Molecular chirality refers to the geometric property of molecules with broken mirror symmetry. Characterizing molecular chirality and understanding their role in physiochemical situations has been important in broad research areas such as biology, chemistry and pharmacy.
Generally molecular chirality can be analyzed using circular dichroism (CD) spectroscopy, which measures the absorption difference of left and right circularly polarized light (LCP and RCP). However, the signal or change resulting from the interaction is too low due to the mismatch of light (several hundred nanometers) and molecules (few nanometers).
Although molecular CD can be enhanced by localized surface plasmon resonance (LSPR), which limits the electromagnetic field to the molecular scale, it is still difficult to detect molecular chirality at very low concentrations.
A research team from Seoul National University and Korea University used a novel CD mode in regularly assembled chiral plasmonic nanoparticles for ultrasensitive, in-situ quantification of molecular chirality. The study is published in the journal Nature.
The new chiral plasmonic nanoparticles (180 nm), which are four-, three-, two-fold rotational symmetry without any mirror symmetry, are arranged with a periodicity of 400 nm using a hexagonal patterned polymer template. At the specific angle of incidence and wavelength of CPL, a strong CD response can be generated in addition to the CD response of single nanoparticle LSPR.
Although the additional plasmonic resonance for the LSPR of a single nanoparticle has been previously demonstrated in an achiral nanoparticle array, there is no CD response. Thus, coupling to chiral molecules cannot occur across the surface and only a slight signal enhancement can be expected from the coupling to chiral molecules and LSPR.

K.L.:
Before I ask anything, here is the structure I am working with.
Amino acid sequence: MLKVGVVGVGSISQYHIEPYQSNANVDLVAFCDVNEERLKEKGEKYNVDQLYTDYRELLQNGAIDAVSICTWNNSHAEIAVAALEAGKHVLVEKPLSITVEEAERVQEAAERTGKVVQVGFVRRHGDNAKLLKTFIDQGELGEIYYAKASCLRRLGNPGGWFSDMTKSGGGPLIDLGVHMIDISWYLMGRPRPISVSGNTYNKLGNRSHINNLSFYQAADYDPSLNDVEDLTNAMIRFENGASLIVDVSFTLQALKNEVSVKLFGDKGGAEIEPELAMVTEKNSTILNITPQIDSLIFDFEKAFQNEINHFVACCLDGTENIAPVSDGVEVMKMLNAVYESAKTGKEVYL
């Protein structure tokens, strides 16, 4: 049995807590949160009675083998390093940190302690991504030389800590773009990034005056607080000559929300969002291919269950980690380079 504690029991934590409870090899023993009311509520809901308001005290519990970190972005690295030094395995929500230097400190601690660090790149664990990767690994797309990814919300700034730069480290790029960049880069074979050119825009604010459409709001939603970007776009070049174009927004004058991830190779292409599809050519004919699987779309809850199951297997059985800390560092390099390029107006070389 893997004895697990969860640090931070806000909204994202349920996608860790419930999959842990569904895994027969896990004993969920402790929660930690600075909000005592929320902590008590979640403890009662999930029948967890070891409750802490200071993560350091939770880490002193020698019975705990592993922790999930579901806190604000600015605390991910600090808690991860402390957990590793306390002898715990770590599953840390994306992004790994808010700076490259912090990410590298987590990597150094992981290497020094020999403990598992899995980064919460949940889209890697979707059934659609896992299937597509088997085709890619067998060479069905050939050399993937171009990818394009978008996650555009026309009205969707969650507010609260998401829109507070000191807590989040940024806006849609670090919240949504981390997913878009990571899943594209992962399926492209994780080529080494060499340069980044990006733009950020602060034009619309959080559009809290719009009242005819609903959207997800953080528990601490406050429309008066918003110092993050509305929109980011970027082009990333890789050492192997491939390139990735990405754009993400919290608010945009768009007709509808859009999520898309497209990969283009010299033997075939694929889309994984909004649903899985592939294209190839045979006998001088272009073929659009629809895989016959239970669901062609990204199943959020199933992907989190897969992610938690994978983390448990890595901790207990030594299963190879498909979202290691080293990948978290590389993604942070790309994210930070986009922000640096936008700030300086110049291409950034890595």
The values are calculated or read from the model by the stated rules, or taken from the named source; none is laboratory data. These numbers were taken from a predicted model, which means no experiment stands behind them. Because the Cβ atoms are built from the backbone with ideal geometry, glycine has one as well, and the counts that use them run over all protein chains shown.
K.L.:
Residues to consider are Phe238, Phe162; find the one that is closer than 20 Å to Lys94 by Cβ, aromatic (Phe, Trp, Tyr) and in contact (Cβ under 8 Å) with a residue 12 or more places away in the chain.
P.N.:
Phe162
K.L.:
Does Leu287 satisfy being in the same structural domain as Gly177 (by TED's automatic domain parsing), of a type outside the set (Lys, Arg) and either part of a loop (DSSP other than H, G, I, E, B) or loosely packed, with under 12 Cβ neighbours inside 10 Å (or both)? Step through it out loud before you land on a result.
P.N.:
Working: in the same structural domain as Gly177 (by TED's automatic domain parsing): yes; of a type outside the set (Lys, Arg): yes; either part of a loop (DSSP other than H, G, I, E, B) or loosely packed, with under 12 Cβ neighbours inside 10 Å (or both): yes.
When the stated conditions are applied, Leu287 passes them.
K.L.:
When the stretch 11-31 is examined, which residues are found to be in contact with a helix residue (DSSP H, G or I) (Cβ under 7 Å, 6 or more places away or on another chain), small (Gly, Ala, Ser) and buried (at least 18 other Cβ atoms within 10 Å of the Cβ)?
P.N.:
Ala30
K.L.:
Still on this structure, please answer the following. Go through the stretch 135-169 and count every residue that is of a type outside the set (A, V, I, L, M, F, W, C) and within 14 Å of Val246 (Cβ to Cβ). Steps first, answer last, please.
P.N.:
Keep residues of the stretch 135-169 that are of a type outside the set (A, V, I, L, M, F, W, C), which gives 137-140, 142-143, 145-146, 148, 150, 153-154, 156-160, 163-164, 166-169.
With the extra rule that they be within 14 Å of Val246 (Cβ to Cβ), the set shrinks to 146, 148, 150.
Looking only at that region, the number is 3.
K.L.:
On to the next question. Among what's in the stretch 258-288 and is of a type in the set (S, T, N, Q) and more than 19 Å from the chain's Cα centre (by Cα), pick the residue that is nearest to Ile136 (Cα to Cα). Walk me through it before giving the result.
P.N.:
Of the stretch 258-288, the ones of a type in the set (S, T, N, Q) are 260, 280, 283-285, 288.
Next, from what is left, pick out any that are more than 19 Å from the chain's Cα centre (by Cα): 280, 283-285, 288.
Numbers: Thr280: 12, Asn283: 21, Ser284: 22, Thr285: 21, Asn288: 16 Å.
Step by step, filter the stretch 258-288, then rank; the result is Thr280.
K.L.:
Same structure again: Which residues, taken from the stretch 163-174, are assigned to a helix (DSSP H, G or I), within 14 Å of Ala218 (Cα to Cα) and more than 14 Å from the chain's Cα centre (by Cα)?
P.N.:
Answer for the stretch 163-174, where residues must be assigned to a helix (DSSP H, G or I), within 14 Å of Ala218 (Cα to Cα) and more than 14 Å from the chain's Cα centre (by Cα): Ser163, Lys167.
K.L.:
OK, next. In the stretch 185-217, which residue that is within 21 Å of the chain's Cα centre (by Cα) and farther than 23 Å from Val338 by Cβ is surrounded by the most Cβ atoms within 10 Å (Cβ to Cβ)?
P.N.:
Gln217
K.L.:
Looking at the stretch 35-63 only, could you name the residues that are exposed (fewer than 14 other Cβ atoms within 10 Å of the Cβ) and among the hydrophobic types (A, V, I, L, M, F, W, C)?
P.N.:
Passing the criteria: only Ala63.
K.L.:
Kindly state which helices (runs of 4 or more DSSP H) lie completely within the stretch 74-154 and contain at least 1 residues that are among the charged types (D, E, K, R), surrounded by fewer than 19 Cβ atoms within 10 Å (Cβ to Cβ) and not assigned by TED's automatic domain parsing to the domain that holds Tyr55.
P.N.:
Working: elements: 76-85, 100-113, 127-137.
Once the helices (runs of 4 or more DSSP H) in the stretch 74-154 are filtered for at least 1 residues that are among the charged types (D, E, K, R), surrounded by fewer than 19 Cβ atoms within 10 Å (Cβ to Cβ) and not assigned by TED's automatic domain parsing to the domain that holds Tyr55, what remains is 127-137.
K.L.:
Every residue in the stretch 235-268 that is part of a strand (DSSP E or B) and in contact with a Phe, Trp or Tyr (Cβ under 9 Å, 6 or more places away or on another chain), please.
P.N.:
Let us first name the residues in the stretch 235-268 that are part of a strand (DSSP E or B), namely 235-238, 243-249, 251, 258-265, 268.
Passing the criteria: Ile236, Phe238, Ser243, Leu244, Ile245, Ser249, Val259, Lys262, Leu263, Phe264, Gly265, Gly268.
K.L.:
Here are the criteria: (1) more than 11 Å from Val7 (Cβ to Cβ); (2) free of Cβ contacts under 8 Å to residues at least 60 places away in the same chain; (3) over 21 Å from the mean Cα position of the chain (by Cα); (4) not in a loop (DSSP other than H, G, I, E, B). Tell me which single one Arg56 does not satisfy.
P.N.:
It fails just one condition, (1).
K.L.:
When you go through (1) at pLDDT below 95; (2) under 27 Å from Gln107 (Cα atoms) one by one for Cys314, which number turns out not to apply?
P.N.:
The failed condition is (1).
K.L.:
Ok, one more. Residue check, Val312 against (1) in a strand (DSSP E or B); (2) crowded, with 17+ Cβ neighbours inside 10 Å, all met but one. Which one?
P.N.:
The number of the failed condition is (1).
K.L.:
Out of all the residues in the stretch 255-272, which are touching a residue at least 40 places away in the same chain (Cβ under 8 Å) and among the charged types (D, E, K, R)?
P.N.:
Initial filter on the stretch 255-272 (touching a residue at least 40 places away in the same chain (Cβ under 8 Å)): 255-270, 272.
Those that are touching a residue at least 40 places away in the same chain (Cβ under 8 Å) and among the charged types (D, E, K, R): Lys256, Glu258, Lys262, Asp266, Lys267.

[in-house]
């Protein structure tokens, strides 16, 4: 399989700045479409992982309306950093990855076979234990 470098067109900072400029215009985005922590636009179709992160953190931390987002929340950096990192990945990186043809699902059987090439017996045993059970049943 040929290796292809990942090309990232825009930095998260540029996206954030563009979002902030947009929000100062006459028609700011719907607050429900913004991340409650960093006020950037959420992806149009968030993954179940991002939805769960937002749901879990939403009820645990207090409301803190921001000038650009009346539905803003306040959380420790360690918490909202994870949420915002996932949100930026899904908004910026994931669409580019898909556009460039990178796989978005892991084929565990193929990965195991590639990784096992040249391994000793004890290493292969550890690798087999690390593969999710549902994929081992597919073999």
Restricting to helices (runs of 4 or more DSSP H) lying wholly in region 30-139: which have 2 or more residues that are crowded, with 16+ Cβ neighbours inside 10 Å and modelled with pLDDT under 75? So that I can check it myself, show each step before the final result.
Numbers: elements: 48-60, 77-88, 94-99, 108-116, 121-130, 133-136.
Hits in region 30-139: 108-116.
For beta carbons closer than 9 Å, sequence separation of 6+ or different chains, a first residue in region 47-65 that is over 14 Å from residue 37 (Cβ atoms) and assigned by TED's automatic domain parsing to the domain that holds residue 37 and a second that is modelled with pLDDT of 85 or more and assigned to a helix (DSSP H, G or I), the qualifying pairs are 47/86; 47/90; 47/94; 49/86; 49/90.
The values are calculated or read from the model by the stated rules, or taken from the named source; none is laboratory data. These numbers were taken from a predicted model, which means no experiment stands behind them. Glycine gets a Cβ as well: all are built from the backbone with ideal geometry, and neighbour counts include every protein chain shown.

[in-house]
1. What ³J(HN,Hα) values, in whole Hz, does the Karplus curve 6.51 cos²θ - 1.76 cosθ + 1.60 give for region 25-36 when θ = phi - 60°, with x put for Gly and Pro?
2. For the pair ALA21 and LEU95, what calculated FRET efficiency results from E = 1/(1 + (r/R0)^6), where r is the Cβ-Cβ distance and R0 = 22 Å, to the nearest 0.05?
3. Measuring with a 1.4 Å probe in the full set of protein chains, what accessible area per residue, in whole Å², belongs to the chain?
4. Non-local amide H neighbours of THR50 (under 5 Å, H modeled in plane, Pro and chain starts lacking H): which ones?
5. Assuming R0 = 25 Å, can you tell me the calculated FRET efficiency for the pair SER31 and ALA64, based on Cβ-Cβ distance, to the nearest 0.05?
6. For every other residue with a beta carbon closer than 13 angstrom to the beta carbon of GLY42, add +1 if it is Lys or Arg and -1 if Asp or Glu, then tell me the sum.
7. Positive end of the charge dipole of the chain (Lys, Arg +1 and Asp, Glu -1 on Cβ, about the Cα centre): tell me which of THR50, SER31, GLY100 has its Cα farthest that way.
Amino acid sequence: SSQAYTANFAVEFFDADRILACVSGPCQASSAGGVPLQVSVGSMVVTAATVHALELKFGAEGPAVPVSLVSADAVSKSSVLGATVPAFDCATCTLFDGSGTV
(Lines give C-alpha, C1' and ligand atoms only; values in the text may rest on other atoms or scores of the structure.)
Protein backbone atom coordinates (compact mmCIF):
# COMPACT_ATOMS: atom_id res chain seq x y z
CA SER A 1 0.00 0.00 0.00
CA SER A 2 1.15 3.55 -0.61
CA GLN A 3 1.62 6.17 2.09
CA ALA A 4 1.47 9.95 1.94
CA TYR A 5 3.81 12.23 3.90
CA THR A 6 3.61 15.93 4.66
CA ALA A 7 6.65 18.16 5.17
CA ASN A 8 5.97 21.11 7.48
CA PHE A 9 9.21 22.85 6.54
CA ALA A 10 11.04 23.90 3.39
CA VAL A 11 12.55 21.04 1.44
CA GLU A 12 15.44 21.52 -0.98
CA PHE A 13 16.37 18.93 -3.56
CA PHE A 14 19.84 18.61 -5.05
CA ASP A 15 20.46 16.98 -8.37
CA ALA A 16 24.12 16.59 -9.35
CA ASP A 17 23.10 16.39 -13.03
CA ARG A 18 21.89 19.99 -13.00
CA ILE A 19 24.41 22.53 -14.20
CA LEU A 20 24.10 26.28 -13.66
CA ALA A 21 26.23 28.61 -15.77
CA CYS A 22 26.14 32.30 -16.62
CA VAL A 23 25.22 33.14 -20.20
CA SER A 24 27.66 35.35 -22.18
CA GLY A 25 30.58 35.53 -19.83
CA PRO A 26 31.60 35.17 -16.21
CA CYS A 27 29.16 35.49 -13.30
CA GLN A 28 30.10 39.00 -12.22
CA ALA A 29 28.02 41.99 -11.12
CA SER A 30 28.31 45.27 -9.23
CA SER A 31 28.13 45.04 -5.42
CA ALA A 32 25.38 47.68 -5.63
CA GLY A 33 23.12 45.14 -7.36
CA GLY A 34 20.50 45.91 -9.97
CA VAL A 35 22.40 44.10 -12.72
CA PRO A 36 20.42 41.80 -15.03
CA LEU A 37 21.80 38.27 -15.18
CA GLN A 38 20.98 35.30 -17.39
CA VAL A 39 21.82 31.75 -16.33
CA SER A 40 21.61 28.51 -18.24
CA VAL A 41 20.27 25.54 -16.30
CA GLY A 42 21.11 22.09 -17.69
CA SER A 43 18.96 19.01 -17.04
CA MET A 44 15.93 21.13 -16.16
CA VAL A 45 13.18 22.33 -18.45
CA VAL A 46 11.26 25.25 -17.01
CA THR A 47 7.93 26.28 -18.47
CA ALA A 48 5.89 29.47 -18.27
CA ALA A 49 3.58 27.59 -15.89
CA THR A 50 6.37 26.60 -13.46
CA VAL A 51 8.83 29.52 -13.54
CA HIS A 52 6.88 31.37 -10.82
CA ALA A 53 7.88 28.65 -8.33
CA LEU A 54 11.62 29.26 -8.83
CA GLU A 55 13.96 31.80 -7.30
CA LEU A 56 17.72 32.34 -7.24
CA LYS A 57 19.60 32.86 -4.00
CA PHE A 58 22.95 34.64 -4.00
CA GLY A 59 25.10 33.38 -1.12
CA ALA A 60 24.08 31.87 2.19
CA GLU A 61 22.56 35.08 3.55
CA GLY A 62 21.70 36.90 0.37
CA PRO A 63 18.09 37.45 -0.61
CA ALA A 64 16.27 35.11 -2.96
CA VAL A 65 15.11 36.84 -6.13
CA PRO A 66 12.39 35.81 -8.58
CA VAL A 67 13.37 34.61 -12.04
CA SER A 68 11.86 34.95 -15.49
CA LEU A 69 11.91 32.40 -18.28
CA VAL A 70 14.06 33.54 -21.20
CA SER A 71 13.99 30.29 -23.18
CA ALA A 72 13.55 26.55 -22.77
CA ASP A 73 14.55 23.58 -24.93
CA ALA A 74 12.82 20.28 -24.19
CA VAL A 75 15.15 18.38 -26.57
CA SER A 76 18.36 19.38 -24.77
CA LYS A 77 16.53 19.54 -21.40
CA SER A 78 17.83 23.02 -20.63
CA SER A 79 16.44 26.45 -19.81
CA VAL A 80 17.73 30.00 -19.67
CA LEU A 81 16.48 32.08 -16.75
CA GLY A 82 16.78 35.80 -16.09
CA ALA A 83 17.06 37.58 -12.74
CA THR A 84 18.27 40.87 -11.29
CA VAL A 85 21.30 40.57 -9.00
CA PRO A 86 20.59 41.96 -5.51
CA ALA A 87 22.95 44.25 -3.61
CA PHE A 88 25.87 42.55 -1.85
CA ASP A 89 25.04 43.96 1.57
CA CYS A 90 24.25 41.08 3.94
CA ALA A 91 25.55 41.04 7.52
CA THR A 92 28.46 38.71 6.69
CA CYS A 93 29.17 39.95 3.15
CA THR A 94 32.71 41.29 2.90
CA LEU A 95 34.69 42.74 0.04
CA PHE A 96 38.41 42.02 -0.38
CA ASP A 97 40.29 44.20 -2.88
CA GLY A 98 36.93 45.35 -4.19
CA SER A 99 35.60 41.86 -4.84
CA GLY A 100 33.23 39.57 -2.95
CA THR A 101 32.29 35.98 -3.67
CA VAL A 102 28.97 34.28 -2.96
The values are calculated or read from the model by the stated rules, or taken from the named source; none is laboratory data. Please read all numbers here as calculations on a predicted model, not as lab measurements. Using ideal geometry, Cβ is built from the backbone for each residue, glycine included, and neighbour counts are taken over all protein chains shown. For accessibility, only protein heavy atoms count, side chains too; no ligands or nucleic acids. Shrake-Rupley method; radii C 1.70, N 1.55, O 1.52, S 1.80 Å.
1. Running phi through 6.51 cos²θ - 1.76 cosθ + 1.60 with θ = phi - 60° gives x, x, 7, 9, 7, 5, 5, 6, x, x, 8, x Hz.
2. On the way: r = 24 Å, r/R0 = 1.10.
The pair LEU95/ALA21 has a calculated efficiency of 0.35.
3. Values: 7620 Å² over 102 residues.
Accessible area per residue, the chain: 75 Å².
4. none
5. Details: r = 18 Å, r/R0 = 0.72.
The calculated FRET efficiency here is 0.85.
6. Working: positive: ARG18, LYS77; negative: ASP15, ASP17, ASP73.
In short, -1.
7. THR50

The research team found the physical origin of strong CD (i.e. collective CD) in the collective resonance and spinning of induced electric dipoles on each nanoparticle across the array. The CPL and periodic regulation of nanoparticles induces a wave of free electrons in each nanoparticle (i.e. effective electric dipole) that interact collectively along the surface. Here, the circular polarization of light causes each dipole to rotate in the same direction.
They also found that the collective spinning of dipoles generates uniform and chiral electromagnetic field throughout the series. As a result, the chiral interaction between molecules and this field is significantly enhanced to alter the CD response in different ways depending on molecular handedness (i.e., opposite spectral shift for left- and right-handed molecules).
The current study clarified how the chiral molecules affected the CD response and achieved ultra-sensitivity in situ (limit of detection: 10-4 M) Detection of molecular chirality. The integration of arrays in proof-of-concept devices, such as polarization-resolved colorimetric sensor and fluidic chip, proved the versatility of the underlying principle presented in this study for the enantioselective monitoring of DNA/RNA hybridization and structural change in protein at extremely low concentrations. It shows the potential of this detection principle to be applied in investigating membrane proteins, by integrating two-dimensional membranes onto the array and monitoring chirality changes in their structures and folding.
Ryeong Myeong Kim et al, Enantioselective perception through collective circular dichroism, Nature (2022). DOI: 10.1038/s41586-022-05353-1
Seoul National University
Quote: Collective circular dichroism by chiral plasmonic nanoparticles (2022, December 22) Retrieved December 22, 2022 from https://phys.org/news/2022-12-circular-dichroism-chiral-plasmonic-nanoparticles.html
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